Commuters may come out the best as Norway’s once-high-flying economy adjusts to what politicians and economists are calling “The New Normal.” That refers to the country’s upcoming period of slower growth, when falling oil prices will force economic diversification.
With economists like Øystein Dørum of DNB Markets saying that Norway’s “golden age” is over, Finance Minister Siv Jensen is being advised to allocate more state funding to construction of roads, rail lines and public buildings, not least to avoid any significant increase in unemployment.
If there ever was a finance minister keen to invest more heavily in roads, it’s Jensen. As leader of the Progress Party, she’s been agitating for years for the state to invest more heavily in roads and other infrastructure that’s been neglected for decades. The current conservative government coalition of which she’s a member has already earmarked record amounts on transport projects but much more is needed to relieve traffic congestion in and around Norway’s population centers.
Such projects have often been held up in Parliament, because of Norway’s “district politics” that for decades put a priority on outlying over urban areas. That seems to be changing and now the government led by Prime Minister Erna Solberg and Jensen have some expert support.
Dual advantage of public works projects
Economist Steinar Strøm, a professor from the University of Oslo who’s now on the faculty at the University of Torino in Italy, and Knut Røed, senior researcher at the Frisch Center, are urging public-sector investment both because road and other infrastructure improvements are needed and because the public spending can create new jobs and keep engineers and construction workers employed.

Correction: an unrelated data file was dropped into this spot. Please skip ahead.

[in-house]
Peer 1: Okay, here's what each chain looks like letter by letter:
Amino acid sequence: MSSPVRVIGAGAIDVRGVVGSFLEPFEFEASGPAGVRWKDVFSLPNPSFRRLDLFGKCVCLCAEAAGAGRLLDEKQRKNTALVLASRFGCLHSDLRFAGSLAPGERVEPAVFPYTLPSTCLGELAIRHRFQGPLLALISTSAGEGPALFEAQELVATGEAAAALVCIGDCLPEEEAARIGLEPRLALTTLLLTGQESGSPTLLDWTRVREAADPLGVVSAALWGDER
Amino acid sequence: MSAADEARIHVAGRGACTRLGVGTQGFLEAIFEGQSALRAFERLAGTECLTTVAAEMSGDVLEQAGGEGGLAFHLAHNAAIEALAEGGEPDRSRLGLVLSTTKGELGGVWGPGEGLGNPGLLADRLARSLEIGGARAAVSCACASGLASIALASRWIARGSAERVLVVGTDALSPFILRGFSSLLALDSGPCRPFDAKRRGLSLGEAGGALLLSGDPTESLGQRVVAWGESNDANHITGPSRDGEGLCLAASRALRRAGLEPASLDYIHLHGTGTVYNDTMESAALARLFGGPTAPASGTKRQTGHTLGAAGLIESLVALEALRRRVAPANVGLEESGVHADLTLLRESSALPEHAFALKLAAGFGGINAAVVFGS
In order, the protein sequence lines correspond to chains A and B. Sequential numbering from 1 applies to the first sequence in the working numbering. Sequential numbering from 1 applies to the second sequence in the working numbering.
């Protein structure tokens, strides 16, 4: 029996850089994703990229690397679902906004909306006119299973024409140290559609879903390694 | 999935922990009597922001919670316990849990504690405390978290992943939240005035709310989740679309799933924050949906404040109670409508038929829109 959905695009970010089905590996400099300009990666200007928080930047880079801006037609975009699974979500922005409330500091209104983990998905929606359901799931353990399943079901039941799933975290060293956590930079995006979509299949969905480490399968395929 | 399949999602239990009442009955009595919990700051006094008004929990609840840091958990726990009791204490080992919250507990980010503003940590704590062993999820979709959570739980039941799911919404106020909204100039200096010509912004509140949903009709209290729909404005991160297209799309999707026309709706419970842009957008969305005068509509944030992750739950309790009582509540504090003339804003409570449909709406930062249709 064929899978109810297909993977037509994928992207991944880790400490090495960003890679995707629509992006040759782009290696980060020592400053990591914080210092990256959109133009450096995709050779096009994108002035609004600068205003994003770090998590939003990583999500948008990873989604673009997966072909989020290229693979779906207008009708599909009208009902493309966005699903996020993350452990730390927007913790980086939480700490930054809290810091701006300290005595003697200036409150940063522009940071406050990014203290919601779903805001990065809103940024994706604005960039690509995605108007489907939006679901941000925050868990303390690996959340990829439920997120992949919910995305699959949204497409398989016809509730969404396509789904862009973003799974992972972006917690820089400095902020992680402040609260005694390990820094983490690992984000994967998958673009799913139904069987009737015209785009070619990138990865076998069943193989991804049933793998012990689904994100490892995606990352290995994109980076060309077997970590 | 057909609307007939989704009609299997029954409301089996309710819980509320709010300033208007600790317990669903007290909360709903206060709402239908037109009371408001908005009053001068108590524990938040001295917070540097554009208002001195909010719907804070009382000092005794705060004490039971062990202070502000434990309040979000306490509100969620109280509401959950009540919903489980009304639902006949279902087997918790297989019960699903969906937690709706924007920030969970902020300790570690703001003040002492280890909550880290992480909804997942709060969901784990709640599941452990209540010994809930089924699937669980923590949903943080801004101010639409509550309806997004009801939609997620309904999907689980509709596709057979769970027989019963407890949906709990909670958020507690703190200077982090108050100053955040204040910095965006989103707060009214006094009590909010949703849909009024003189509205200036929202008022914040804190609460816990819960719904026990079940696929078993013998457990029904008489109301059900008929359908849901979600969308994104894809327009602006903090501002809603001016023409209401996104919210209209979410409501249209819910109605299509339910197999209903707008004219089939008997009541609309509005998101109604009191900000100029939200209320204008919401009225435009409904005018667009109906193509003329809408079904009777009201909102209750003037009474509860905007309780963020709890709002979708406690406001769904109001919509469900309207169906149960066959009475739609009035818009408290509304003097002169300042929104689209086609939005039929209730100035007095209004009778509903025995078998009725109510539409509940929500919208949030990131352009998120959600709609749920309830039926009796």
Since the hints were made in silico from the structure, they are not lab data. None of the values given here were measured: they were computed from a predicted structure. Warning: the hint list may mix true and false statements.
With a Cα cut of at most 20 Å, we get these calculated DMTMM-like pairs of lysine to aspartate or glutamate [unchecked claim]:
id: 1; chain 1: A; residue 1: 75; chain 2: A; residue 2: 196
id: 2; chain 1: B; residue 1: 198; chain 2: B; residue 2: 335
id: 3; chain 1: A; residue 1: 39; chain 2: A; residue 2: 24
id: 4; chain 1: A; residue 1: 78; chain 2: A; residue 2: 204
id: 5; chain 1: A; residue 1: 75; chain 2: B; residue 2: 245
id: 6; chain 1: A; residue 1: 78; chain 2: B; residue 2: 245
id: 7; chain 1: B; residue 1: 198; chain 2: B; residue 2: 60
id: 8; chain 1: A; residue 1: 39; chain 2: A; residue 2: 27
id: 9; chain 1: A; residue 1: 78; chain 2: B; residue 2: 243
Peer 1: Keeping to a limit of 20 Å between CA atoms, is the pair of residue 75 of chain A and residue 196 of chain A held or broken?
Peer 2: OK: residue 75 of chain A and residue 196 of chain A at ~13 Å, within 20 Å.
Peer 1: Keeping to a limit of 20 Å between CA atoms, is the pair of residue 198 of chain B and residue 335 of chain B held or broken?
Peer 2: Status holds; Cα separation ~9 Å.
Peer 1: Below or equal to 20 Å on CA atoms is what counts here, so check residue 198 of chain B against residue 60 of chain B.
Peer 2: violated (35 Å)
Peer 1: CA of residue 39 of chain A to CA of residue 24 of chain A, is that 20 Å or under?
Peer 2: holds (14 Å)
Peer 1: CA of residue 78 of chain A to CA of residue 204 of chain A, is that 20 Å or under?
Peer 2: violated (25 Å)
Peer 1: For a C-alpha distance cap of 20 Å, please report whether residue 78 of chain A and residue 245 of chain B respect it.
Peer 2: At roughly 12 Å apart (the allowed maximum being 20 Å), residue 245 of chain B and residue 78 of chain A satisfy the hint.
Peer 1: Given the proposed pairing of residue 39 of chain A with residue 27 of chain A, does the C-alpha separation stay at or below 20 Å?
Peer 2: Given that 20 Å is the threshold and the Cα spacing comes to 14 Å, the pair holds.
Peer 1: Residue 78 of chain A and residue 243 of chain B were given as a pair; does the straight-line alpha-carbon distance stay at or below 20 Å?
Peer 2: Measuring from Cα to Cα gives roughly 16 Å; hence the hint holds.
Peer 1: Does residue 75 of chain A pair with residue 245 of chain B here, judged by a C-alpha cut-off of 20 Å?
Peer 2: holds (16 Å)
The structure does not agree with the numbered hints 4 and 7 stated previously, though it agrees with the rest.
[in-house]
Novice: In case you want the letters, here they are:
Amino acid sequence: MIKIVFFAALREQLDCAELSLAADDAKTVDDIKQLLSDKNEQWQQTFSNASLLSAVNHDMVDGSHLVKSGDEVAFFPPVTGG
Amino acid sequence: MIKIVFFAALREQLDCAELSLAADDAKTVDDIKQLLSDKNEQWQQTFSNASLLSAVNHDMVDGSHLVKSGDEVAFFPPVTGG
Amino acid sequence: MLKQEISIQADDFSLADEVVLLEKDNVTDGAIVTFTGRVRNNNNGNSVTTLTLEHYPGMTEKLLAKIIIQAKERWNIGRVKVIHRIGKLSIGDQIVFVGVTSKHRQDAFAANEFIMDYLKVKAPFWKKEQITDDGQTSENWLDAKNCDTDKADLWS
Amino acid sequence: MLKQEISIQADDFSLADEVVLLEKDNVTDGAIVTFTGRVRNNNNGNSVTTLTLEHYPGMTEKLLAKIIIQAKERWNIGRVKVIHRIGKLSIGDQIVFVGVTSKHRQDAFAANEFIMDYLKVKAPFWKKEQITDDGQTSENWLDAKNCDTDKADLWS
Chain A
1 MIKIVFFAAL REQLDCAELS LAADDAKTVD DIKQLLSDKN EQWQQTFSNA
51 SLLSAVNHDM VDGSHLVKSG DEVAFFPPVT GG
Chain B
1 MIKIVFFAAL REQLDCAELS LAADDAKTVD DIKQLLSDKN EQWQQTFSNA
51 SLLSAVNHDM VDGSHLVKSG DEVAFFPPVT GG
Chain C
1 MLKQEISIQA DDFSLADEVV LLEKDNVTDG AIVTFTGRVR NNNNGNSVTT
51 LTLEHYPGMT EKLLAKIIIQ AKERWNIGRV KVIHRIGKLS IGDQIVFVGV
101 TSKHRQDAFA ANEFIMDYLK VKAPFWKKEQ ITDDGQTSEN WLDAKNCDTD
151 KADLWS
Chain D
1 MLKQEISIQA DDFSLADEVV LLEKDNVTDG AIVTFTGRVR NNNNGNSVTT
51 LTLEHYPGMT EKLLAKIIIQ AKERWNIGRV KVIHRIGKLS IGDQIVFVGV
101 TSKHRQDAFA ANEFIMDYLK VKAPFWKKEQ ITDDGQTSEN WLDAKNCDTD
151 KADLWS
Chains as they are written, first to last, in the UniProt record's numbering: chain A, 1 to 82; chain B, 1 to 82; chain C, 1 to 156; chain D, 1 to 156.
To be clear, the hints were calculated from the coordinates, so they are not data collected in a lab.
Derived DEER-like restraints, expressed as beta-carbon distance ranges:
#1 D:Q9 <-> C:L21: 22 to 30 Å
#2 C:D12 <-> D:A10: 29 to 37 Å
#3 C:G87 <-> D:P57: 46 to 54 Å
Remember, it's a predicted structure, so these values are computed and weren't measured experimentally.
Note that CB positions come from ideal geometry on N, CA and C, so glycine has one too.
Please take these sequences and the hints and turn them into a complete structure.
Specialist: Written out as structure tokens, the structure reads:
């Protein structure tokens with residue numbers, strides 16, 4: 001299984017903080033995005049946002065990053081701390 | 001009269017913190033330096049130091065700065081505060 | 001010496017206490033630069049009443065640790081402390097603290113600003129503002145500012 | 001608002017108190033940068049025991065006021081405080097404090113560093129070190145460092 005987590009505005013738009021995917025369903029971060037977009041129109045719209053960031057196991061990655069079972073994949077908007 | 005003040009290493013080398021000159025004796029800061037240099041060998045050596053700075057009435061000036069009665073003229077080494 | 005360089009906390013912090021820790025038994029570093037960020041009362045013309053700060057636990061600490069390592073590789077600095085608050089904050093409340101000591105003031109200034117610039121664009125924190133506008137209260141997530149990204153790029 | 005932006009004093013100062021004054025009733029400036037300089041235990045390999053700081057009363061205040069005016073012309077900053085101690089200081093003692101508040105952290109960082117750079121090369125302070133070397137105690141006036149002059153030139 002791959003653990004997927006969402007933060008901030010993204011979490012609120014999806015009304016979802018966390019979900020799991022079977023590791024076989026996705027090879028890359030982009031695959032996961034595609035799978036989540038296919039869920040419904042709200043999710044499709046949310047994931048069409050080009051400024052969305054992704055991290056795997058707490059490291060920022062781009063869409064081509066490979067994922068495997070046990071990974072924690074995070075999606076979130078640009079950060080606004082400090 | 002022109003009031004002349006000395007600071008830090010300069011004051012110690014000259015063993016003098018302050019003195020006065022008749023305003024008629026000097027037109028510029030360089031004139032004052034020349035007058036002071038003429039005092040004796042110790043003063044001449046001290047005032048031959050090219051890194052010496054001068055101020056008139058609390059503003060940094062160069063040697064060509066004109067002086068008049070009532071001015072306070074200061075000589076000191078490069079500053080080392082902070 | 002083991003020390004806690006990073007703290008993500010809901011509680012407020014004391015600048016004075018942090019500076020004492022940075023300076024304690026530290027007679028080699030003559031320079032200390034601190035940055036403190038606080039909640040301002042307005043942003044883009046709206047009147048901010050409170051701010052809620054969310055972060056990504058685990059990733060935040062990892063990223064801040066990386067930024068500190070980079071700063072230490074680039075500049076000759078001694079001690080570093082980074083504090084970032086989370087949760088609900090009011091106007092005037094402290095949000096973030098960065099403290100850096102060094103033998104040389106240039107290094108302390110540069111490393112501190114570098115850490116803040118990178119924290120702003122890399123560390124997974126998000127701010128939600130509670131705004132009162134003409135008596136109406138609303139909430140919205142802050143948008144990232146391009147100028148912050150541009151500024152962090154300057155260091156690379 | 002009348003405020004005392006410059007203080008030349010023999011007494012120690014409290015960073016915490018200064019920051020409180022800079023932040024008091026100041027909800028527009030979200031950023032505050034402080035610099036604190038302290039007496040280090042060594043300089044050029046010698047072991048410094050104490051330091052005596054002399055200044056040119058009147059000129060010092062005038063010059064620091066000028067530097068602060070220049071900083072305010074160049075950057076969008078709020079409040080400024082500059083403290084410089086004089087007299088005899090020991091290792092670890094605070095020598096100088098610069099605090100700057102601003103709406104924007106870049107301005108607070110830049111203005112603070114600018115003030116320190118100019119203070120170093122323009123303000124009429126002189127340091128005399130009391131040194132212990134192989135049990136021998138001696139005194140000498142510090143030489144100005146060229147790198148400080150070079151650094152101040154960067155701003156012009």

“It would be wise, both in the short and long term, to launch investment projects within transporation, health care and schools,” Strøm told newspaper Dagens Næringsliv (DN). “There are many good projects (like) intercity trains, tunnels for trains and the metro under Oslo.”
Strøm thinks the government should concentrate on road and rail building around Norway’s biggest cities. “The government should concentrate on the areas where people actually live, instead of spending on all types of road projects along the west coast,” Strøm said.
Røed also thinks the government can use more state funds to invest in needed infrastructure while also maintaining economic growth as oil investments wane. “There has been so much neglect for many years, and spending now will yield savings later,” Røed told DN.
Interest rate cut debated
Professor Ragnar Torvik at NTNU in Trondheim thinks the best measure against an economic downturn in Norway would be another interest rate cut. That, he says, would make Norwegian goods and services more competitive internationally. Dørum of DNB disagrees, saying interest rates that are even lower than today’s would only fuel even higher real estate prices and higher debt levels.
Jensen and Solberg met with central bank boss Øystein Olsen just before the weekend, in a move widely viewed as an effort to show they are taking economic challenges seriously. They had little new to report after their session on Friday, repeating claims that there is sign of economic crisis in Norway, only that growth may slow to a “New Normal.”
Norway remains strong enough, all three claimed, to adapt to lower oil prices and lower levels of oil sector investments. Commentators claimed Solberg and Jensen mostly sought to both calm and prepare Norwegians for slightly tougher times ahead.